Alexi Colleen F. Lim


1 Alcohol and Soda Consumption of University Students in Manila

Authors: Alexi Colleen F. Lim, Inna Felicia I. Agoncillo, Quenniejoy T. Dizon, Jennifer Joyce T. Eti, Carlota Aileen H. Monares, Neil Roy B. Rosales, Joshua F. Santillan, Alyssa Francesca D. S. Tanchuling, Josefina A. Tuazon, Mary Joan Therese C. Valera-Kourdache


Majority of leading causes of mortality in the Philippines are NCDs, which are preventable through control of known risk factors such as smoking, obesity, physical inactivity, and alcohol. Sugar-sweetened beverages such as soda and energy drinks also contribute to NCD risk and are of concern particularly for youth. This study provides baseline data on beverage consumption of university students in Manila with the focus on alcohol and soda. It further aims to identify factors affecting consumption. Specific objectives include: (1) to describe beverage consumption practices of university students in Manila; and (2) to determine factors promoting excessive consumption of alcohol and soda including demographic characteristics, attitude, interpersonal and environmental variables. Methods: The study employed correlational design with randomly selected students from two universities in Manila. Students 18 years or older who agreed to participate were included after obtaining ethical clearance. The study had two instruments: (1) World Health Organization’s Alcohol Use Disorders Identification Test (AUDIT) was used with permission, to determine excessive alcohol consumption; and (2) a questionnaire to obtain information regarding soda and energy drink consumption. Results: Out of 400 students surveyed, 70% were female and 78.75% were 18-20 years old (mean=19.79; SD=3.76). Among them, 51.50% consumed alcohol, with 30.10% excessive drinkers. Soda consumption is 91.50% with 37.70% excessive consumers. For energy drinks, 36.75% consume this and only 4.76% drink excessively. Using logistic regression, students who were more likely to be excessive alcohol drinkers belonged to non-health courses (OR=2.21) and purchased alcohol from bars (OR=7.84). Less likely to drink excessively are students who do not drink due to stress (OR=0.05) and drink when it is accessible (OR=0.02). Excessive soda consumption was less likely for female students (OR=0.28), those who drink when it is accessible (OR=0.14), do not drink soda during stressful situations (OR=0.19), and do not use soda as hangover treatment (OR=0.15). Conclusion: Excessive alcohol consumption was greater among students in Manila (30.10%) than in US (20%). Drinking alcohol with friends was not related to excessive consumption but availability in bars was. It is expected that health sciences students are less likely to engage in excessive alcohol as they are more aware of its ill effects. Prevalence of soda consumption in Manila (91.50%) is markedly higher compared to 24.5% in the US. These findings can inform schools in developing appropriate health education interventions and policies. For greater understanding of these behaviors and factors, further studies are recommended to explore knowledge and other factors that may promote excessive consumption.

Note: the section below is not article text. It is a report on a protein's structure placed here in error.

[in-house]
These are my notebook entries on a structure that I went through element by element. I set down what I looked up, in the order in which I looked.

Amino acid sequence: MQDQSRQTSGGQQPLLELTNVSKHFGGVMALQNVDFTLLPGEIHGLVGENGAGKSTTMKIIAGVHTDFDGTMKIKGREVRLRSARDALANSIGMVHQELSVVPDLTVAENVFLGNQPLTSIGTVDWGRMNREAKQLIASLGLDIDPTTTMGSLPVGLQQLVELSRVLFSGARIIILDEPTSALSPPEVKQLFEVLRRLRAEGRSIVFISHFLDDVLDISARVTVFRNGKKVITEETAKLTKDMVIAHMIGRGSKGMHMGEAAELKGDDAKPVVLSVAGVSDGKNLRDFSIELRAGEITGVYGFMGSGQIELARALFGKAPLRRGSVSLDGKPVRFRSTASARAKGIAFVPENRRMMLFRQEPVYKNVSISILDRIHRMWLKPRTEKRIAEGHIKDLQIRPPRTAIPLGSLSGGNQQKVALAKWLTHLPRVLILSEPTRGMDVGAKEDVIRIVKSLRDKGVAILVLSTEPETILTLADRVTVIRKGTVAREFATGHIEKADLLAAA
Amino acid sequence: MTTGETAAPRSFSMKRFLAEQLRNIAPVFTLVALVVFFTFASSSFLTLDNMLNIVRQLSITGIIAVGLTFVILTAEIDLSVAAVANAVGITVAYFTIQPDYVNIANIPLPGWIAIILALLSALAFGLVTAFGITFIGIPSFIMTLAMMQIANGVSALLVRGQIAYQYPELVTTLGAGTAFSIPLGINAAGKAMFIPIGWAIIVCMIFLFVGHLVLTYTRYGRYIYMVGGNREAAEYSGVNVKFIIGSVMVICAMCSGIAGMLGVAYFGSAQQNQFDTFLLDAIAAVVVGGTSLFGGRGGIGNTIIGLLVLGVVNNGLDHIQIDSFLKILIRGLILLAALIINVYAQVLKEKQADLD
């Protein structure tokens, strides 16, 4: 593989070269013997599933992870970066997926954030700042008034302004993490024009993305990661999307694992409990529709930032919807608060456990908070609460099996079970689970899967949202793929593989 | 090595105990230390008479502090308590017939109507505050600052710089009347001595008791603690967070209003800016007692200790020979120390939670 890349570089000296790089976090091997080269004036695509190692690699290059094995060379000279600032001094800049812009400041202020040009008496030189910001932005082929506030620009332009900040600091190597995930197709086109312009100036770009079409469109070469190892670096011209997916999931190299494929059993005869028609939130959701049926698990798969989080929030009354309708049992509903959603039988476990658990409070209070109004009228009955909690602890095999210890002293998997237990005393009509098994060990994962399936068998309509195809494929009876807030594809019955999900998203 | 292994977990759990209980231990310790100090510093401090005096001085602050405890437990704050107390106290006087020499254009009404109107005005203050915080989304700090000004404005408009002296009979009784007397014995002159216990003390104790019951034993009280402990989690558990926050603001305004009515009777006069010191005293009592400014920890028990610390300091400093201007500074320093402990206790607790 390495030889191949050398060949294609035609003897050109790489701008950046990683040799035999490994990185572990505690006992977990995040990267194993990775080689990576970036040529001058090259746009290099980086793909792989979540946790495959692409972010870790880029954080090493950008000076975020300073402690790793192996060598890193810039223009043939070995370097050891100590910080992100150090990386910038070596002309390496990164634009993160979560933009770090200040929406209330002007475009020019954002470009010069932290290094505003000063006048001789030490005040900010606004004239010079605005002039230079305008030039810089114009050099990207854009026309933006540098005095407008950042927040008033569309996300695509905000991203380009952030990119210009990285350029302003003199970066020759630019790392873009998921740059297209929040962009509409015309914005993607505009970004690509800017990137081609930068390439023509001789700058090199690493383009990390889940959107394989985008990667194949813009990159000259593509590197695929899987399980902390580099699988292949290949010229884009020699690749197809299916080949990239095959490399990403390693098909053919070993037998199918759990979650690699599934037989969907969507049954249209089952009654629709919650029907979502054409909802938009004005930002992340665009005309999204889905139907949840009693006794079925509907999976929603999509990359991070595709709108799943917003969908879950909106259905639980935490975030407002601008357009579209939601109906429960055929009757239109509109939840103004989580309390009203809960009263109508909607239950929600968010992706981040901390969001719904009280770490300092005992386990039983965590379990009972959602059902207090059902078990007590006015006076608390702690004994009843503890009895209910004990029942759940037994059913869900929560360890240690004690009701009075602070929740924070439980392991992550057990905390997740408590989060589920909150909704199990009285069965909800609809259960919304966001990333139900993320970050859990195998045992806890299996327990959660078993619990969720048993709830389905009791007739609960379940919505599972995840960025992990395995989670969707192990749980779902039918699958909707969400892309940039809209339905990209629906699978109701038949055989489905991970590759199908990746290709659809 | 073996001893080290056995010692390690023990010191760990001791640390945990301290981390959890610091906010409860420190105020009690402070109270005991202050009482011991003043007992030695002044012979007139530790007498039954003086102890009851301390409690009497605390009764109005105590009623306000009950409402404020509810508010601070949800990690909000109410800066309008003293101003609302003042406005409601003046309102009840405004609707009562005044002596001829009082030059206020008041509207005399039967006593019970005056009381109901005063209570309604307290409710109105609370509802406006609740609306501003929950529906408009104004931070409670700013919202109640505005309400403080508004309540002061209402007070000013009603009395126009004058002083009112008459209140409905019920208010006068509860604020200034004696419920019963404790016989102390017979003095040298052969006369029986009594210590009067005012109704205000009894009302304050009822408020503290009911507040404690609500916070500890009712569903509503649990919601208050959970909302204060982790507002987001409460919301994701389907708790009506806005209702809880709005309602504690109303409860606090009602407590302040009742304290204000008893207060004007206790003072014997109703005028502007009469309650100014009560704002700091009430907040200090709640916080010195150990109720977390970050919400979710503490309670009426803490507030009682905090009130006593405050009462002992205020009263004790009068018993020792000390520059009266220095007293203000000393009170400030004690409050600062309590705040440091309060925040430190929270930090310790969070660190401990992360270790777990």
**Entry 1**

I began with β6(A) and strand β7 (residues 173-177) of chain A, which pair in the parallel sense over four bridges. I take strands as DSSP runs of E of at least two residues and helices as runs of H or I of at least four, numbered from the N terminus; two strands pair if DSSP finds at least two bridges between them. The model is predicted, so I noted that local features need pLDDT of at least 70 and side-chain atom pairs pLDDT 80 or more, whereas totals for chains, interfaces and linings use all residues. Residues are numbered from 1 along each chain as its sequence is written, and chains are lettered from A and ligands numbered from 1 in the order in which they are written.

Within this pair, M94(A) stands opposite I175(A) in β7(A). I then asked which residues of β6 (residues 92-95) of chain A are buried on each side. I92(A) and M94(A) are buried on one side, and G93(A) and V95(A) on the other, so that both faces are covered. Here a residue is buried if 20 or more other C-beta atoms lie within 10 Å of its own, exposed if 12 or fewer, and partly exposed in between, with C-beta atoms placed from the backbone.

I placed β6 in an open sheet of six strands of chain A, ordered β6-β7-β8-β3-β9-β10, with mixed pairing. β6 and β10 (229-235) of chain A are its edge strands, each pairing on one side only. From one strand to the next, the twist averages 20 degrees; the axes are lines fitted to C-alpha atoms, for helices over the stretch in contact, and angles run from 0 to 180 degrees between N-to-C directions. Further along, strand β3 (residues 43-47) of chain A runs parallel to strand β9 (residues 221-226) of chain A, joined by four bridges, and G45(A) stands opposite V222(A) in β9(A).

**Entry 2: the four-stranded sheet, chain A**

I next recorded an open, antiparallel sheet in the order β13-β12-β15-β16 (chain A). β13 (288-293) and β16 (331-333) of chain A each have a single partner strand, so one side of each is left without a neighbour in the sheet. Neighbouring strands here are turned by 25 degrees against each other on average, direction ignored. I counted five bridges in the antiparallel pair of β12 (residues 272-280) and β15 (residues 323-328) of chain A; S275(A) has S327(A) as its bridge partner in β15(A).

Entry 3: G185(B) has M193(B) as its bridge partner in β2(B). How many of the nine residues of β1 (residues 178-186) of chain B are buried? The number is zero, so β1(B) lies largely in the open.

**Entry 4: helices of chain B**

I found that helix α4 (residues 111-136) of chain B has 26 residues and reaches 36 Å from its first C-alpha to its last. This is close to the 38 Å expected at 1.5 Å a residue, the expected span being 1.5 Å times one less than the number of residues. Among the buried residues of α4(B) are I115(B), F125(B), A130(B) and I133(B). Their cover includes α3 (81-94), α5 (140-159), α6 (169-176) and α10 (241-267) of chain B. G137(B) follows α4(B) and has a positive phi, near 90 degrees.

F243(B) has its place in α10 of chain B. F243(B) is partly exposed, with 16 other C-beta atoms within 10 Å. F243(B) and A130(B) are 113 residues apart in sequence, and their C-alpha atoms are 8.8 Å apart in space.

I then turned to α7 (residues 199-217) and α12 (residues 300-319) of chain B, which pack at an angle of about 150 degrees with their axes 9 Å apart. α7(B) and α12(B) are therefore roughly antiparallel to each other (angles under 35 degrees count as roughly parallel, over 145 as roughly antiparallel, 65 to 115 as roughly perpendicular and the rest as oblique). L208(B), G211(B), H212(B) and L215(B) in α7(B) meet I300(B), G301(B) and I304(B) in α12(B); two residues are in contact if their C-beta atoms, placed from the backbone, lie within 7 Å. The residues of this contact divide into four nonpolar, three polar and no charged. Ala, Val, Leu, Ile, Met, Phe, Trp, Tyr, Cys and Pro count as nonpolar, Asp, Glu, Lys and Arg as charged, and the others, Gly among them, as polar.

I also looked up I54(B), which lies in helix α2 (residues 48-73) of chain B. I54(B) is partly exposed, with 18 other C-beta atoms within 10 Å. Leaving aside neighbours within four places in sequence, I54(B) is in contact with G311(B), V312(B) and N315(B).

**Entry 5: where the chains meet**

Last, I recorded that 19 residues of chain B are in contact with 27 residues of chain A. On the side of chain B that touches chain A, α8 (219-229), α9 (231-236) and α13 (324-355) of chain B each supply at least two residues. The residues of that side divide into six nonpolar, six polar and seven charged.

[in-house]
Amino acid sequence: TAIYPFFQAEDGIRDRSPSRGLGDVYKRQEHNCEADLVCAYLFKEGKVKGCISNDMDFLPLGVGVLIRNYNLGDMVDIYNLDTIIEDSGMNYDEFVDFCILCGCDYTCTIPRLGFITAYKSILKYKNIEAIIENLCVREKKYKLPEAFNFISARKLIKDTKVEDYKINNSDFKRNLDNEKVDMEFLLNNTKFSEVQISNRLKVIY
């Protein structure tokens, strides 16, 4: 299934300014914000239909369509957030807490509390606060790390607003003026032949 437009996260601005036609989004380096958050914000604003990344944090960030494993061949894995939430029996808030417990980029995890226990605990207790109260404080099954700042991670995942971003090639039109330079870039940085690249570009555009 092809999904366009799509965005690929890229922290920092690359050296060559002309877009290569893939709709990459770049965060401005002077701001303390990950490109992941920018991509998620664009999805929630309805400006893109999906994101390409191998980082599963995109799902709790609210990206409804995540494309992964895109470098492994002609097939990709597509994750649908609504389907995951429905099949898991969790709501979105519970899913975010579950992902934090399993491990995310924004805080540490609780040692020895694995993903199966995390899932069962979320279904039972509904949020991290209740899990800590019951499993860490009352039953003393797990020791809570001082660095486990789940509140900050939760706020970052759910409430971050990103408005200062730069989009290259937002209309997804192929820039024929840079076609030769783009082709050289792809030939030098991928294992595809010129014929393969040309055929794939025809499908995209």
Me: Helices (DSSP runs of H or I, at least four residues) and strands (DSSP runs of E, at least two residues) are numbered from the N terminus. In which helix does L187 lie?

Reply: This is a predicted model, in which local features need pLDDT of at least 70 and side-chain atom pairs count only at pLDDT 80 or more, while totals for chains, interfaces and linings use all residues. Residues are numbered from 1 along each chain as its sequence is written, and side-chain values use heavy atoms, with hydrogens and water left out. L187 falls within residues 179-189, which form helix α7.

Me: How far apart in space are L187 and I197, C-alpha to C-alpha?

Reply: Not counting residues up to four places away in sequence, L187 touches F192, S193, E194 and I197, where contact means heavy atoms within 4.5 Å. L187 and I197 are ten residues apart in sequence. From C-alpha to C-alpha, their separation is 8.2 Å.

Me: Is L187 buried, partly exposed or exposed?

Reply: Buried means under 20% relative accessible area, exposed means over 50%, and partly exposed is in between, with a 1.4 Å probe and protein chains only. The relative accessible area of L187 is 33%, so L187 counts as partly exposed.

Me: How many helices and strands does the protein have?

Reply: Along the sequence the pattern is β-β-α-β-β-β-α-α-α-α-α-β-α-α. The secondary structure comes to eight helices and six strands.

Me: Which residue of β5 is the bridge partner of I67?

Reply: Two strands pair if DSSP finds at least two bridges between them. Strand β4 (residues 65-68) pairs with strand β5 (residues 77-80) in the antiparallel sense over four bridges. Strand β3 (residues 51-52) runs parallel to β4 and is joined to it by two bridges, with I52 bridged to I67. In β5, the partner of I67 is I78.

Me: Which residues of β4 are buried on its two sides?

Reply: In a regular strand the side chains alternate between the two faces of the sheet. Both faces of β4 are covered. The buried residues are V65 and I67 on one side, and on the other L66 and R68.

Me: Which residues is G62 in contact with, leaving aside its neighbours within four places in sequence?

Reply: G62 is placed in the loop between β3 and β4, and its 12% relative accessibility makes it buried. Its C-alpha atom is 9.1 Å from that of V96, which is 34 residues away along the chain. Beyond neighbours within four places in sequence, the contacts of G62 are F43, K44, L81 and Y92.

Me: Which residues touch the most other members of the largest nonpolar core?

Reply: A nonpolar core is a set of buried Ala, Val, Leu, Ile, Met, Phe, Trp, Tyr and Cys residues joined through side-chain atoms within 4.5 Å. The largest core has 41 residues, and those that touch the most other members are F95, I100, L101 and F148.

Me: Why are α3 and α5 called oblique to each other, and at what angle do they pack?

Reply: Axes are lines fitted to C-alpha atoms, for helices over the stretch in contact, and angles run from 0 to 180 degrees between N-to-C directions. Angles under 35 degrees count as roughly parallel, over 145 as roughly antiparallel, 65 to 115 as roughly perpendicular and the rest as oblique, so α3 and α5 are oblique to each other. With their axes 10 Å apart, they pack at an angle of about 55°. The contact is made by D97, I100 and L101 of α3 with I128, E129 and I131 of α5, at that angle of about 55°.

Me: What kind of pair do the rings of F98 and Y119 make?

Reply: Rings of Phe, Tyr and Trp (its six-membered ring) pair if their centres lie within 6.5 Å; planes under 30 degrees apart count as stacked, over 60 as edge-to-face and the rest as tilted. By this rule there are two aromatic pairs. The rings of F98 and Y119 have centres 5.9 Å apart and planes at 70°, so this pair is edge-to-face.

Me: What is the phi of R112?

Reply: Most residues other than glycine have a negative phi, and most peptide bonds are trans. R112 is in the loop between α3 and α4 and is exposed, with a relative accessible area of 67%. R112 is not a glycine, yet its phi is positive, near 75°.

Keywords: Beverage Consumption, university students, alcohol consumption, energy drinks consumption, soda consumption

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